Testing Problems Persist at Small & Medium Size Insurers
By Mark Burton, 8/28/2020

Anytime carriers and MGAs introduce new products, upgrade software or make other system changes, those systems must be tested. This is called User Acceptance Testing (UAT) and is used to verify that policy, rate and claims data are all accurate. Any errors can cause costly delays and damage goodwill with your insureds and partners.

While large carriers and MGAs usually have the sophisticated, modern systems and vast resources to make sure testing is done right, this is not always true for small to mid-size companies. They face cost and time pressures that are a constant challenge to effective implementation, and often use third-party testers who lack either the domain knowledge or testing expertise.

The result can be what I call a “doom loop.” It looks like this:

Avoid the Doom Loop

First, testing is scheduled incorrectly or performed incorrectly, so any upgrade or product launch falls behind. Next, testing is performed by time-starved IT staff, resulting in delays. Finally, when testing is not done correctly, discrepancies head downstream as incorrect forms, ratings and policies, as well as bad reporting and bad claims decisions.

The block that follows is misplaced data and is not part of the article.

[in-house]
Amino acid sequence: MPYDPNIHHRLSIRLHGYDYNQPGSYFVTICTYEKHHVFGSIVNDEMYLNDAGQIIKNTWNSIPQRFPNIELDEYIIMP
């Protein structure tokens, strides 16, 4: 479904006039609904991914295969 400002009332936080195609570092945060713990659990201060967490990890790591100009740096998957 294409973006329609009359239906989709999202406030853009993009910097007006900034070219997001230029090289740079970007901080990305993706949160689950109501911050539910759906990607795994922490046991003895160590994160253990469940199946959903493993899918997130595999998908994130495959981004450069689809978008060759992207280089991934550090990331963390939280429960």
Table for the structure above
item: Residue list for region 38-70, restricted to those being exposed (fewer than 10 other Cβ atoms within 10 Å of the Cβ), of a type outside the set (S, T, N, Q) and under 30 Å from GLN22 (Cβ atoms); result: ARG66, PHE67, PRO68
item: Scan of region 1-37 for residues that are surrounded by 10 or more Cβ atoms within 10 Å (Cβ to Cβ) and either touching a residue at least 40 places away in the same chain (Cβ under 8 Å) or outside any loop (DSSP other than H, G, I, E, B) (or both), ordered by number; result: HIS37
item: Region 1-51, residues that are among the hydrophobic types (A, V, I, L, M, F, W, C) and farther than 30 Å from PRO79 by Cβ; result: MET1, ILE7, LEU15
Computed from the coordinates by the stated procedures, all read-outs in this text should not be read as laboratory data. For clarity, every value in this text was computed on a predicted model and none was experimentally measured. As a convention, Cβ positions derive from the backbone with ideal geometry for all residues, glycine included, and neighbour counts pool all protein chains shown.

Let’s say an MGA is in the middle of upgrading its systems and testing is performed incorrectly. As a result, there are discrepancies in some homeowner policies between the insured’s documentation and the MGA and carrier’s documentation. A storm damages the home of a policyholder, who then files a claim only to be told the coverage doesn’t appear. It’s a devastating blow for a homeowner, a headache for the carrier and a ding to the MGA’s reputation.

Finding the Answers

While many believe the answer to preventing costly delays is to outsource testing to a third-party company, some contracted testing firms fall short in two ways. Either they lack the proper testing capabilities to perform tests correctly, or they lack the domain knowledge—in this case, an understanding of the property casualty insurance industry.

It comes down to how well a third-party company performs its testing and what they are testing. Insurers should always work with testing companies that have deep knowledge of the insurance industry, and have all the certifications that prove a demonstrated ability. And when using a large company, which offers testing as one of a number of technology solutions, make sure they are not subcontracting to a third-party tester.

The good news is there are firms that have both the expertise and domain knowledge to get the job done at lower costs than you imagine.

If you have questions about testing, want to learn about the repository of test cases and scripts that have been developed, tested and deployed by my colleagues and me, or would like to schedule a demo of our testing services, call 727-489-9190, visit www.westpointuw.com or email sales@wpisfl.net.

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